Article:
Assignment 2_Jinbo

Throughout my short research on what it means to be a global citizen, one of the most common concepts was being aware of the world, having a sense of individual’s own role as a world citizen along with keeping in mind that what one does affects other people in different world (Oxfam). Here’s an example that supports this statement. I didn’t have any impressive things on my resume, so I started to do some community services when I was a first year student in high school. Although I ended up volunteering more than 800 hours throughout my high school,  I didn’t know what made me kept going until I learned the idea of having a servant’s heart. When you help someone or even do something, you have to be satisfied with what you are doing even if your role is insignificant. For instance, When I volunteered at a local soup kitchen, I worked in a bathroom cleaning. One day I realized, As I was cleaning the bathroom, other employees had more time taking care of visitors. Since the employees had more time, they treated the visitors better, making the visitors happier. At the end of the day, I could think of working in a bathroom helped making the visitors happy. Back to the point, being aware of how the world works and knowing what’s going on internationally are important elements for a global citizen. However, the most important element is that doing and acting one’s best locally or globally. That is, because the best thing we can do for this planet is not producing a mess. There is no inherent tension between one’s status as a national citizen and being a global citizen, but there are limitations caused by national citizenship. Because people around the world have different circumstances such as censorship, affordability, and accessibilityto the media.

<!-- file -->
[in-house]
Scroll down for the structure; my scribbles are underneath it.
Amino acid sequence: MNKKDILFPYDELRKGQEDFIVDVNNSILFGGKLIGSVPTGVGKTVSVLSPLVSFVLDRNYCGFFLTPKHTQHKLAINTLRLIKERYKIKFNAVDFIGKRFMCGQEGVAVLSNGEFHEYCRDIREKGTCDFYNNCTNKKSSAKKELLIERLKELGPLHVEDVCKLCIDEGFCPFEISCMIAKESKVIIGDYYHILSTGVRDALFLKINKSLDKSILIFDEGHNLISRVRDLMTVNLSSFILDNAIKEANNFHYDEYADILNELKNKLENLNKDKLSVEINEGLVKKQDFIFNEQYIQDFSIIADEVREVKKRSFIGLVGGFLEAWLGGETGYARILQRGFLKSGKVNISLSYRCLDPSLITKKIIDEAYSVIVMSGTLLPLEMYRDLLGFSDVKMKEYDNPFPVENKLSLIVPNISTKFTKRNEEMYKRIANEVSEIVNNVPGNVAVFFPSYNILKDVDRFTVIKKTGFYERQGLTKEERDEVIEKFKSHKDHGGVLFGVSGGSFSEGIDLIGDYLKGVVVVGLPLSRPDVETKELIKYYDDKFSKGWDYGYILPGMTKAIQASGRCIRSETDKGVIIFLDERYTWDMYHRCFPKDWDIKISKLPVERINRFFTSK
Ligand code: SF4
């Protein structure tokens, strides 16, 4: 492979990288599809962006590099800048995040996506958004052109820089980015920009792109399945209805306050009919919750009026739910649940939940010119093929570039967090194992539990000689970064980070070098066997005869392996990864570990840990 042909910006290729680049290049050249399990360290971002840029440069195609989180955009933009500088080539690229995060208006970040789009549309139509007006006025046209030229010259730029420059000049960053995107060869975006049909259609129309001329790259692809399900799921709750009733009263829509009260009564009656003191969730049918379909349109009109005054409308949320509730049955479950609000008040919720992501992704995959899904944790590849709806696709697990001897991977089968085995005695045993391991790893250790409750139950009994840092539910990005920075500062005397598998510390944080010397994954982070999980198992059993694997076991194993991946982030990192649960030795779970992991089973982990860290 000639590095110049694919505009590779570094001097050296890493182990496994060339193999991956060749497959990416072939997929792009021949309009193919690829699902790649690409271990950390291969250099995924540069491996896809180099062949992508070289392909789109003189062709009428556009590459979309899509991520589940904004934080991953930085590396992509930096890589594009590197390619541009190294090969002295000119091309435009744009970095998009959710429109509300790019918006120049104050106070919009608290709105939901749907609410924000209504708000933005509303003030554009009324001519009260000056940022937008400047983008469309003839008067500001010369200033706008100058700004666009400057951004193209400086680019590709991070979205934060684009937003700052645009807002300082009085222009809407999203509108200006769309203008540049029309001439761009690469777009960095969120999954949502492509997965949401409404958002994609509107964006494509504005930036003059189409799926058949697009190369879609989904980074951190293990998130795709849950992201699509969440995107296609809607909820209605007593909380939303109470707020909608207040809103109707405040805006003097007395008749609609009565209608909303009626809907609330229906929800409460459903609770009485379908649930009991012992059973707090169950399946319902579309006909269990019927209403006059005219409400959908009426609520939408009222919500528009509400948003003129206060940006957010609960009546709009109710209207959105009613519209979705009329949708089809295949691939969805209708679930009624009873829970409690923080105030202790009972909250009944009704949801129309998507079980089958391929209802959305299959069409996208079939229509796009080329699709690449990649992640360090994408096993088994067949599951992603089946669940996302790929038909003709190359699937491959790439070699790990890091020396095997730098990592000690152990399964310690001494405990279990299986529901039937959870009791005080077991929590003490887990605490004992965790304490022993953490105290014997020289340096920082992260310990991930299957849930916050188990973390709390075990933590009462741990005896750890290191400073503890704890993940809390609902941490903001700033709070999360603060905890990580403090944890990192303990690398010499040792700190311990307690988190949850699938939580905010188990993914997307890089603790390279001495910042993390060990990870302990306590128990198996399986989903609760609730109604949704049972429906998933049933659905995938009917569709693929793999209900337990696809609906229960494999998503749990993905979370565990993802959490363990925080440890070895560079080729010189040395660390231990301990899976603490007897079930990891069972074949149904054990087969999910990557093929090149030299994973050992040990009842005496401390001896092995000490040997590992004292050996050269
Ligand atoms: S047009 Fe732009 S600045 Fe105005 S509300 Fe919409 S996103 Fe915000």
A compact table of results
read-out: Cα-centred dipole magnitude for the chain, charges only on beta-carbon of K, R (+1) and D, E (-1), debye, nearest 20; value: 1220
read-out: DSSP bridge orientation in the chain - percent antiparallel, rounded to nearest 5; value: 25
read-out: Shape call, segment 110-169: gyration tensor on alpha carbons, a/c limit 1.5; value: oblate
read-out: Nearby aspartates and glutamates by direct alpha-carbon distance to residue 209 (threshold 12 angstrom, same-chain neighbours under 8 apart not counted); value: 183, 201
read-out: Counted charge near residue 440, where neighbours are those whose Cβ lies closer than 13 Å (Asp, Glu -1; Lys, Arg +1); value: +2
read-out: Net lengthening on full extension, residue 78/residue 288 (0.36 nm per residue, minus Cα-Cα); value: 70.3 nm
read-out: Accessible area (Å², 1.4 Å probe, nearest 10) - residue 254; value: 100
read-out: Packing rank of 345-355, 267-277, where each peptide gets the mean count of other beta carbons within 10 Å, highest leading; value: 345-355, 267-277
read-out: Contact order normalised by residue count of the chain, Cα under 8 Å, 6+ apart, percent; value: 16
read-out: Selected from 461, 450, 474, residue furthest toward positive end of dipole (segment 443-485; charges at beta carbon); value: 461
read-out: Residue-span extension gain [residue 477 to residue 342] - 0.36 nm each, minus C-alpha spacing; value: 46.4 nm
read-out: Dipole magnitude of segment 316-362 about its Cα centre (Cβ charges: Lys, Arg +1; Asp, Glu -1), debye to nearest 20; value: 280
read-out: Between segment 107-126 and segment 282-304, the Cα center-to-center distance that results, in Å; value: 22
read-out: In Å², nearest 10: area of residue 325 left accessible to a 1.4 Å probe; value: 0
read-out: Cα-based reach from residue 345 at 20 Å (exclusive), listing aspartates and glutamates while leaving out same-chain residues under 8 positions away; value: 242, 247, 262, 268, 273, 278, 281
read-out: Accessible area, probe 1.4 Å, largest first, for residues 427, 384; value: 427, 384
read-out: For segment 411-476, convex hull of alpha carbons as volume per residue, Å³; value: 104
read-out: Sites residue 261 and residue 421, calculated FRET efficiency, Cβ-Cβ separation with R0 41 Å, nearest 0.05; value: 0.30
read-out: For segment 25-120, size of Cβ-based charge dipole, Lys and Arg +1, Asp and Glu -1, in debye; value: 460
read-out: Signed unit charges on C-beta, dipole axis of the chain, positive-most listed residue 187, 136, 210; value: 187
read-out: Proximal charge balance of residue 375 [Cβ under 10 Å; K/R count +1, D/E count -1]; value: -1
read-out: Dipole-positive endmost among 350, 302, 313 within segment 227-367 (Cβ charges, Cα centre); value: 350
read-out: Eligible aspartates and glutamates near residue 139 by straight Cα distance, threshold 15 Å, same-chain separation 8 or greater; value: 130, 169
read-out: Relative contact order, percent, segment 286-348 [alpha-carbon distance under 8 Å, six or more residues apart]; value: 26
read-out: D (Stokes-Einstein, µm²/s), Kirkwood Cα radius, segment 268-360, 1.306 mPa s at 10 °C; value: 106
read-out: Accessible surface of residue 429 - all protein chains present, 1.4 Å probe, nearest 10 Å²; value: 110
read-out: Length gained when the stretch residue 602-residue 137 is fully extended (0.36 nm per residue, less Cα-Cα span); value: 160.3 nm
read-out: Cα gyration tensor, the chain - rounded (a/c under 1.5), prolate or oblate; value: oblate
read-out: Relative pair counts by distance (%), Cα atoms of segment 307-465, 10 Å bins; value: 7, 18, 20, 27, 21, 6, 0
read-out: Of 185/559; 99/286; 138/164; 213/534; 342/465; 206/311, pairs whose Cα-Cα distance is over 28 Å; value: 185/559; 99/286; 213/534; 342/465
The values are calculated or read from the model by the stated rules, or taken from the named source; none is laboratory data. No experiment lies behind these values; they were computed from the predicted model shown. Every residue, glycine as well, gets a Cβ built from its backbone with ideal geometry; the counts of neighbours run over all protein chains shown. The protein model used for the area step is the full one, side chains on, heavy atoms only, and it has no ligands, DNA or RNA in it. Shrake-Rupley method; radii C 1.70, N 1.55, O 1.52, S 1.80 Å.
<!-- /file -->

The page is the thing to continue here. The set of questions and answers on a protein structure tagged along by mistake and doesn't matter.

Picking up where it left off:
For some people, they can’t afford to be global citizens. According to Maslow’s hierarchy of needs, people who are struggling for basic needs don’t have time or energy to work as global citizens (Arcaro 2). The concept of being a global citizen is a luxury to them. For those who have taken care of their basic needs, so-called, people who are in the higher on pyramid, should step up and practice their Noblesse Oblige. Statistically, people in the United States tend to be on higher on pyramid than those who live in countries in Africa who are struggling for their basic needs. In the article, Beyond the Pledge of Allegiance: Becoming a Responsible World Citizen by Dr. Tom Arcaro, the idea of Noblesse Oblige is well described, “With great privilege comes great responsibility (Arcaro 2).” Similar idea can be found in Bill and Melinda Gates Foundation’s guiding values: All lives-no matter where they are being lived-have equal value. To whom much is given, much is expected (Arcaro 2). Besides Bill Gates, Warren Buffett, the most successful investor of 21st century, is a great example of a global citizen. One of the wealthiest people, Warren Buffett pledged to give 99% of his wealth to philanthropy (Buffet 2010). When a lot of wealthy people do not share their wealth and try to keep their status, Warren Buffett is stepping up and and setting himself as a good role-model. Buffett’s unselfish and charitable deed is one way to contribute to the world. These two questions made me think about Buffett as an exemplary global citizen:(1)Does Warren Buffett have to donate 99% of his wealth? (2)How often do we see the top 1% give back to their society? As the ultimate goal of being a global citizen is to make our world more harmonious, fair, and peaceful place, Warren Buffett has affected a gradual evolution in human institutions (Arcaro 18). Even if a person was affected by Buffet and changes his perspectives, Buffet’s contribution to the world is worth it.